A musical journey worth taking
( JC Hopkins – piano; Noah Jackson – bass; Charles Goold – drums; Solomon Hicks – guitar; Claire Daly – baritone sax; Christopher McBride – alto sax; Troy Roberts – tenor sax; Corey Wallace – trombone; Bruce Harris – trumpet; Phillip Dizack – trumpet; Bryan Davis – trumpet; Joseph Doubleday – vibes; Brandee Younger – hard; Ismel Wignall – congas; Andy Bey – celeste; Kevin Burke, Aria Hendricks – vocals)
To those readers and jazz listeners of a certain age, Minton’s Playhouse was a Harlem jazz club founded by tenor saxophonist Henry Minton in 1938. It gained its fame in the 1940s as the home for the development of bebop and its innovators such as Charles Parker, Thelonious Monk, Dizzy Gillespie and Kenny Clarke.But, with time, the club and the music eventually faded away. However in 2013 the name was revived by entrepreneur Richard Parsons and this delightful musical romp by the JC Hopkins Biggish Band entitled Meet Me At Minton’s is worthy of its name.
JC Hopkins Biggish Band is cracker jack outfit that plays with a whole lot of enthusiasm and cohesiveness. The ensemble is especially adept at providing sympathetic support for the vocalists that appear on every track due in no small measure to the arrangements by Wayne Tucker, Cory Wallace, J.Walter Hawkes and Chuck MacKinnon.
Brianna Thomas is given ample chances to shine on three numbers starting with “Remember When” and “Meant To Be” both JC Hopkins compositions and then the standard ”Them There Eyes”. From the very first number Thomas shows she is in control as she swings out in delight and the band whips along behind her.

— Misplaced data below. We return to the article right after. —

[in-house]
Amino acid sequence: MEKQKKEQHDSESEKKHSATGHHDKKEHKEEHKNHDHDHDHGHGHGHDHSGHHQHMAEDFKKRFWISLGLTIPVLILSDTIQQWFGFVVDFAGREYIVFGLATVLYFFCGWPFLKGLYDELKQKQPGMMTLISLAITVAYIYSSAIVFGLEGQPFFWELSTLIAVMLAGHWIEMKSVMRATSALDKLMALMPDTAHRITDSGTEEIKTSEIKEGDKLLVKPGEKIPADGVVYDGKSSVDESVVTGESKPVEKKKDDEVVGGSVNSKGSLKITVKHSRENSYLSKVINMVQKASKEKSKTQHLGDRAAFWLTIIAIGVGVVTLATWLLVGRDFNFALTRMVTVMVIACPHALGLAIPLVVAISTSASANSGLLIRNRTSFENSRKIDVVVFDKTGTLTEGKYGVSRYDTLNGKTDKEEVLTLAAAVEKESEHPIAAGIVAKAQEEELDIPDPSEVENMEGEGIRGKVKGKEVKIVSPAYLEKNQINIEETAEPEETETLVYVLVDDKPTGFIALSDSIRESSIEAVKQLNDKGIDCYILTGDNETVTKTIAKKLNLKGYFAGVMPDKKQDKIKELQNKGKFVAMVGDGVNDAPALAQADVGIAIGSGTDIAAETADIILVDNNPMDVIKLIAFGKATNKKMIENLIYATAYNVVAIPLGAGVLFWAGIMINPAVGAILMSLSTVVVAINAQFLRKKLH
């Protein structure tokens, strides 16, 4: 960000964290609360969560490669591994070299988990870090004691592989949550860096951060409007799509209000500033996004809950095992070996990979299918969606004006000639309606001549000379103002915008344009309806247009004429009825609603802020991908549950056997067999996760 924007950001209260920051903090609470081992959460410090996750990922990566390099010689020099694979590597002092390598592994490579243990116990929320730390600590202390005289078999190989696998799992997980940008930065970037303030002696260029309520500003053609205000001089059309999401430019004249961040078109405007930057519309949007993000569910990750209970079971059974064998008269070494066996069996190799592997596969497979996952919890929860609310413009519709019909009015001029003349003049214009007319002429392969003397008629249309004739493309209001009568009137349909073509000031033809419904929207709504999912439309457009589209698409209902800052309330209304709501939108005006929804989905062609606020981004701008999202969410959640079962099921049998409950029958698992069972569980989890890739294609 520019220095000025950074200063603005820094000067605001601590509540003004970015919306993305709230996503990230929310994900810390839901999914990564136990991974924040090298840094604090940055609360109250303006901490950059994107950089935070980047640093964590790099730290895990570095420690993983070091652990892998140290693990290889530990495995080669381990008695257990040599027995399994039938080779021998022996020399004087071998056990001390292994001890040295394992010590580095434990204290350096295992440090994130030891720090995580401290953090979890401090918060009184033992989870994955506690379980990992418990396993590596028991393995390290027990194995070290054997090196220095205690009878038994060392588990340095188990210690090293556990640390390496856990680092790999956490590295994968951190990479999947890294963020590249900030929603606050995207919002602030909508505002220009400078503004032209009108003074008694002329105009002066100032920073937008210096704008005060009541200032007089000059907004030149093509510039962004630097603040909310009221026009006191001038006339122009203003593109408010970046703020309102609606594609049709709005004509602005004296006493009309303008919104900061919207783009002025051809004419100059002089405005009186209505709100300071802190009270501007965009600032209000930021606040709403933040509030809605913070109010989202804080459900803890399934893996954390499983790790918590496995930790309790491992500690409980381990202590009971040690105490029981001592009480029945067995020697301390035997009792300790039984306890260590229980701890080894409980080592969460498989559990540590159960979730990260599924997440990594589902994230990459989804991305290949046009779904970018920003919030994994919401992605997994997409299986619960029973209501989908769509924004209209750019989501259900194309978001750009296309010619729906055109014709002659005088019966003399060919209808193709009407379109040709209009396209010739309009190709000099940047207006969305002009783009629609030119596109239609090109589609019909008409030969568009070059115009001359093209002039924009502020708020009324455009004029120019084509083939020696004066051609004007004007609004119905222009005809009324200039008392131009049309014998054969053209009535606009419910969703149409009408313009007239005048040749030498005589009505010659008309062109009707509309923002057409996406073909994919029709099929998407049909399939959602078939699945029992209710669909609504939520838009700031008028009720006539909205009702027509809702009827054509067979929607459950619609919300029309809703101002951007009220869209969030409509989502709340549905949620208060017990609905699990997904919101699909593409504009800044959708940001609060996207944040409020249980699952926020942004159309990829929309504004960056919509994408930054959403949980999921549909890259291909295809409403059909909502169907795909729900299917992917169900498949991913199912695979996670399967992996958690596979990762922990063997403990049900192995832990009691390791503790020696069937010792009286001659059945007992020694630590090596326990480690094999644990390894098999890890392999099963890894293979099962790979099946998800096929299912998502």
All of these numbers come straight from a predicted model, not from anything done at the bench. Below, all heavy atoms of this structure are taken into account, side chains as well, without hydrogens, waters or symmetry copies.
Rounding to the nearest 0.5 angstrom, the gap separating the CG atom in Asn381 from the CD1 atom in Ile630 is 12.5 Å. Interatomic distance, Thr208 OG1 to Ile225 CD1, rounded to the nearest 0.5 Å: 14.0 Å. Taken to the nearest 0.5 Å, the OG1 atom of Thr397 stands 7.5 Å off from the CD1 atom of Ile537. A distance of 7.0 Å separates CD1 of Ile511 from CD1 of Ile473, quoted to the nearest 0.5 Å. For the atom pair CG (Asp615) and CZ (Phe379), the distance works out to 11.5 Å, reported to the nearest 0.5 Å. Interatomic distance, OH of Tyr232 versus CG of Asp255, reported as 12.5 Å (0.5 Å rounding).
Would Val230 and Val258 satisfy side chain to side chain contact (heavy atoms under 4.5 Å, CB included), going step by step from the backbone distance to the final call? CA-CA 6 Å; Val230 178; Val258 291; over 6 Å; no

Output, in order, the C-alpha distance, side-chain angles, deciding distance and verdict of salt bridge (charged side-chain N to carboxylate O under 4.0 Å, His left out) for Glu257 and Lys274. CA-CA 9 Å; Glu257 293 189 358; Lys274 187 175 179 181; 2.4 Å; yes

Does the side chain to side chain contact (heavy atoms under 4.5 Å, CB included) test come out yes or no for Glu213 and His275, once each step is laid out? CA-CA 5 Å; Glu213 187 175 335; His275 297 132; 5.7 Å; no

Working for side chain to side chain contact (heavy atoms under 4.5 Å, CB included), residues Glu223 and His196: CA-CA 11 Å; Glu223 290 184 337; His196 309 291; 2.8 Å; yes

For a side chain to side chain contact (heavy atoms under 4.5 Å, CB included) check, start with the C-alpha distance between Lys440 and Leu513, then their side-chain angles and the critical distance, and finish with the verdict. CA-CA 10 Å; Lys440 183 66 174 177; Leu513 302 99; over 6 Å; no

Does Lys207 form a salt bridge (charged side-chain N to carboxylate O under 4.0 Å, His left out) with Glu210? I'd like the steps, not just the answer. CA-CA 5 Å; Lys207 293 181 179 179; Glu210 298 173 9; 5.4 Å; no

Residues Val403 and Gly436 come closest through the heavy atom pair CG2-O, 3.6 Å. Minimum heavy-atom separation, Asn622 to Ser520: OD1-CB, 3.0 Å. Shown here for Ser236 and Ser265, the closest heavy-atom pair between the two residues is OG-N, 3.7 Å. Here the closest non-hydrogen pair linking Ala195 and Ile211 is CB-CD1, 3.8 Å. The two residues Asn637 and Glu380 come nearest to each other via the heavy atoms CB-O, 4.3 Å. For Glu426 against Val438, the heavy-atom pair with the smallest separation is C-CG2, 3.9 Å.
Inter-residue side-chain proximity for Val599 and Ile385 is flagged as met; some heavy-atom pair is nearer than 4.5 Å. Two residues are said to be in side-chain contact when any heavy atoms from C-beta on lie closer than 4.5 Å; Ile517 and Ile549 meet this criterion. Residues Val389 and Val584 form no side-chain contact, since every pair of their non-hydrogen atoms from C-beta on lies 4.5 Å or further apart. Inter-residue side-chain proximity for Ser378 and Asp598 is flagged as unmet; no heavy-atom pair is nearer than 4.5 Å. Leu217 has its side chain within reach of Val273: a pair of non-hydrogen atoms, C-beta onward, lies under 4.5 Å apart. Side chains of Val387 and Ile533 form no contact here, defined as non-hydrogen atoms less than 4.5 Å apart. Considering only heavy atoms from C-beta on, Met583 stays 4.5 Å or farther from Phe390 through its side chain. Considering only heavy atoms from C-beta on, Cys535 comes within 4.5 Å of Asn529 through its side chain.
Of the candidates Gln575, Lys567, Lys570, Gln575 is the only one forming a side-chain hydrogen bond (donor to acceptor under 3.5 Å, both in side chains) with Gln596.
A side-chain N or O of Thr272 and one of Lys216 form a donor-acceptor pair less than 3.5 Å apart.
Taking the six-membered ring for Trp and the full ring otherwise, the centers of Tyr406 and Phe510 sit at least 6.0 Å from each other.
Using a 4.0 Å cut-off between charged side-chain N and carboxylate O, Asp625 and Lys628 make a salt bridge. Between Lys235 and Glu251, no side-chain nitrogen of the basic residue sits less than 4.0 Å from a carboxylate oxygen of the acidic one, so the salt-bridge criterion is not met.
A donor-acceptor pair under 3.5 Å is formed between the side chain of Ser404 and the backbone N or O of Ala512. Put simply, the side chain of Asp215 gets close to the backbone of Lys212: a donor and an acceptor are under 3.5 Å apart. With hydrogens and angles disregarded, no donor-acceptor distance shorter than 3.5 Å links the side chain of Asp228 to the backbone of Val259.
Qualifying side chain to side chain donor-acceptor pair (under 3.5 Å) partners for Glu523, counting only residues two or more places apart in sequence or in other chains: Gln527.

One of the names, that back in the day, gave Minton’s its caché was pianist Thelonious Monk. He is amply represented here with three of his classics: “Suddenly (In Walked Bud)”, “Looking Back (Reflections)” and “How I Wish (Ask Me Now)”. That master of vocalese and scatting Jon Hendricks, now ninety-six, gives the first and third number the benefit of his experience ably assisted by up and comer Jazzmeia Horn on the latter. While his intonation is a bit shaky, he shows he is still in the game. On the middle number, Andy Bey with his full rich baritone captures the tune’s essence.
JC Hopkins wrote the title track “Meet Me At Minton’s” wherein Queen Esther and Charles Turner take a musical journey back in time with recounting of the jazz artists that played there, along with its raison d’être. All in all this is a trip worth taking.